Thursday, August 5, 2010

Top Ten Picks: Favorite Books Of All Time

Top Ten Picks is hosted by Jillian at Random Ramblings. This week, the topic is "Favorite Books Of All Time". It took a while for me to come up with a list. I'm not even 100% sure about some of my picks, because I read them a long time ago. They might not still be my favourites. But if I'm going on memory and nostalgia and the "OMG, I loved this book!" feeling I had when I read them, I have to include at least a few of the titles on the following list:

10. The Neverending Story
by Michael Ende

I saw the movie years before I ever got the book out of the library. I just happened to get the awesome edition with alternating green and red type (one for Bastian's "real life" point of view, one for the events he's reading about in Fantastica). I was surprised to find that the book actually encompasses the stories of the first and second movies. It's so imaginative (and it deals with imagination), so it's right up my alley. I don't think I've read anything quite like it before or since.

9. Wren to the Rescue
by Sherwood Smith

This middle-grade book was one of my favourites when I was younger. It's been a long time since I read it, but I remember being completely captivated by the adventures of Wren and her friends. I think I checked this one out of the library numerous times! There are a few sequels, which I haven't read; I enjoyed the first book so much that I'm afraid the sequels might not live up to my high expectations. I hate when that happens (see The Thief, below).

8. The Time Traveler's Wife
by Audrey Niffenegger

I don't read a lot of adult fiction, but this one just sounded so interesting that I couldn't help myself. I loved the story. The book is so much better than the movie; if you were at all intrigued by the movie, you must read the book. Henry and Clare are unforgettable.

7. Jane Eyre
by Charlotte Brontë

I probably wouldn't have read this book if it hadn't been assigned in my first-year university English class. But I was so pleasantly surprised! It's not the stilted, boring classic you might expect it to be. Jane's voice is fresh and interesting, and it's one heck of a good story. And as far as relationships go, Jane and Rochester will always be one of the most memorable.

6. I Capture the Castle
by Dodie Smith

I adored this book when I first read it. I identified so much with Cassandra, and I loved the setting. A ruined castle in the English countryside? How can you top that? Plus, there are some great characters in this one. Stephen is such a sweetheart.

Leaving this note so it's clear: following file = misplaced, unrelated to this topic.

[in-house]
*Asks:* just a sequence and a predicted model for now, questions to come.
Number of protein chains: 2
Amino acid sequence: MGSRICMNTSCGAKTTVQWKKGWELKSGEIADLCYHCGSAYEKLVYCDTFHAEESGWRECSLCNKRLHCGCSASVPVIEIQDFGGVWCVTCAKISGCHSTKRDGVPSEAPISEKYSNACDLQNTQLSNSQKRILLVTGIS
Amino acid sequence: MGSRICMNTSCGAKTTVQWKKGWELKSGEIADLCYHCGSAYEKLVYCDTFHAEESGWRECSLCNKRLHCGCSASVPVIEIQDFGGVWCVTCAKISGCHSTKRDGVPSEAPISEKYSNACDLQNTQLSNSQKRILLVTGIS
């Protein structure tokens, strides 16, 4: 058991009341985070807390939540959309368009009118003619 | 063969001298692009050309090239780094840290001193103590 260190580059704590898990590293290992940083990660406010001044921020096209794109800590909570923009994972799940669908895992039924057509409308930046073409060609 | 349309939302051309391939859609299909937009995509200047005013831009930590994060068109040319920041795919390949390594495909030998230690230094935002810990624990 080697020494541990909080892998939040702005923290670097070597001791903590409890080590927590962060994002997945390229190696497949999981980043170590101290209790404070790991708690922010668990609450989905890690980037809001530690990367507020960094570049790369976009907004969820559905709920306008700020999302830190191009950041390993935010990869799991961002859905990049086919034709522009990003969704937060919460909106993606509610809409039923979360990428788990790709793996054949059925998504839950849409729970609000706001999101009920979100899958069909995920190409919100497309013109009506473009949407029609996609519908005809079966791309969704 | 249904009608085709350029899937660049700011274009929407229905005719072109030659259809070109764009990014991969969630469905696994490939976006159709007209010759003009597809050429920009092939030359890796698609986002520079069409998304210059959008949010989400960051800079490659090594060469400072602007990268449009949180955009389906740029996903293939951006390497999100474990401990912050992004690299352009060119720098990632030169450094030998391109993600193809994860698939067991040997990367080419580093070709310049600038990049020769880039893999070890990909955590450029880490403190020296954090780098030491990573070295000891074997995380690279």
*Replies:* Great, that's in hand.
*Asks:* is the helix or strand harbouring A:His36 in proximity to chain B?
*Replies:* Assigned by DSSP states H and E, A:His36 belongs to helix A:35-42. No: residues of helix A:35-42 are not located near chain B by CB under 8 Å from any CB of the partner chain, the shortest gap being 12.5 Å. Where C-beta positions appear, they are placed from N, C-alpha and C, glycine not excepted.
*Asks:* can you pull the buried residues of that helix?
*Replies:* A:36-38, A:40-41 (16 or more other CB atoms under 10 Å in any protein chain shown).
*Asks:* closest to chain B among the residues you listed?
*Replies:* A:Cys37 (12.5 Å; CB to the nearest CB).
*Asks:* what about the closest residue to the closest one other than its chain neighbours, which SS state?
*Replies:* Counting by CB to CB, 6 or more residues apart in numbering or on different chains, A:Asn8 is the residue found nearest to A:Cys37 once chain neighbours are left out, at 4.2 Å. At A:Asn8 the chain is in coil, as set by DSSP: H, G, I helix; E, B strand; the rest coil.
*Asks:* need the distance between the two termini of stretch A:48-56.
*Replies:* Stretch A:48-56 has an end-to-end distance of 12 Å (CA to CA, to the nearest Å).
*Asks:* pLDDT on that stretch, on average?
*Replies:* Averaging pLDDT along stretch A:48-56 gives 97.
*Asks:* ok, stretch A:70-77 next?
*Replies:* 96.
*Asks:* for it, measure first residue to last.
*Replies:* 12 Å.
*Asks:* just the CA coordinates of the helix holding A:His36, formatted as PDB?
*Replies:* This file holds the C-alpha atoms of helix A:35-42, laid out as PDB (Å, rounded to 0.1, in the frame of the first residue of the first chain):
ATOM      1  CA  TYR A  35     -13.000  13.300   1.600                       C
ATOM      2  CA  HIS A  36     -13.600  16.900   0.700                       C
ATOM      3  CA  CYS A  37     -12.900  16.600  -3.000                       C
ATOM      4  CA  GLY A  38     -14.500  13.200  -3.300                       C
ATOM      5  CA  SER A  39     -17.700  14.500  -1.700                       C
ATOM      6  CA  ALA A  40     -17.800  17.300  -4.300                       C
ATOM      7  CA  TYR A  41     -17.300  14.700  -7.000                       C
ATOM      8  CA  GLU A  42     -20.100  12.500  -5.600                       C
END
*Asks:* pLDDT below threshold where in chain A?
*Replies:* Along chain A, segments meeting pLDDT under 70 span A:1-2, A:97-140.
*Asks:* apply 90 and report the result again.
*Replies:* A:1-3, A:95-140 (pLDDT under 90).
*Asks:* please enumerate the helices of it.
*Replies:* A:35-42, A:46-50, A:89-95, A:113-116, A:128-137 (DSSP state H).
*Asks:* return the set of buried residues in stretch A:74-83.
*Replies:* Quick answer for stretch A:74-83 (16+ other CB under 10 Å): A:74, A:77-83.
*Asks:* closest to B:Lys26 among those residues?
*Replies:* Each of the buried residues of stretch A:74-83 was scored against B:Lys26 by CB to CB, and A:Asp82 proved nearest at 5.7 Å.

5. The Light Princess
by George MacDonald

I got this one from the library (and it's also available for free online), but I really would like my own copy to read and enjoy again. As far as fairy tales go, this is one of my favourites. There's nothing like a self-sacrificing hero to make a girl swoon.

4. A Certain Slant of Light
by Laura Whitcomb

I was captivated by this book from the very first page. Aside from the imaginative and gripping story, this book has some of the greatest writing I've seen in years. Seriously. If you want an example of how to make your story and characters come alive on the page, you must read this book!

3. Trader
by Charles de Lint

I fell in love with this book because of the characters... especially Max. Like many of de Lint's novels, this one veers into a sort of alternate/dreamtime universe. It was one of the first books by this author that I had read, though, so the premise was fresh for me.

2. The Thief
by Megan Whalen Turner

Oh, gosh. What can I say about this one? I love Gen, and I love The Thief. I reread this book a few times (which is something I rarely do; it was that good). I know I'm not the only one to gush over this book (and Gen), which makes it all the more peculiar that the author basically did away with the character in the subsequent books. (Not that she killed him off. He's still there, but he's not the same Eugenides that we all knew and loved.)

1. Fire and Hemlock
by Diana Wynne Jones

Sure, there's an older man and a younger girl (and I give authors a lot of flack for that), but this book was written back when every other YA novel didn't have that same theme. I read it about 9 years ago during my bus commute to work. Let's just say that I wished that the bus ride had been longer! I loved the story and the characters and the blossoming romance. I also loved how the author took an old story (the ballad of Tam Lin) and wrote a modern-day fairy tale around it. (I didn't realize that when I read it, but I guess the fact that the guy's name was Thomas Lynn should have been my first clue!) Anyway, if you like modern retellings of old stories, you might like this one. And you can't really go wrong with Diana Wynne Jones.

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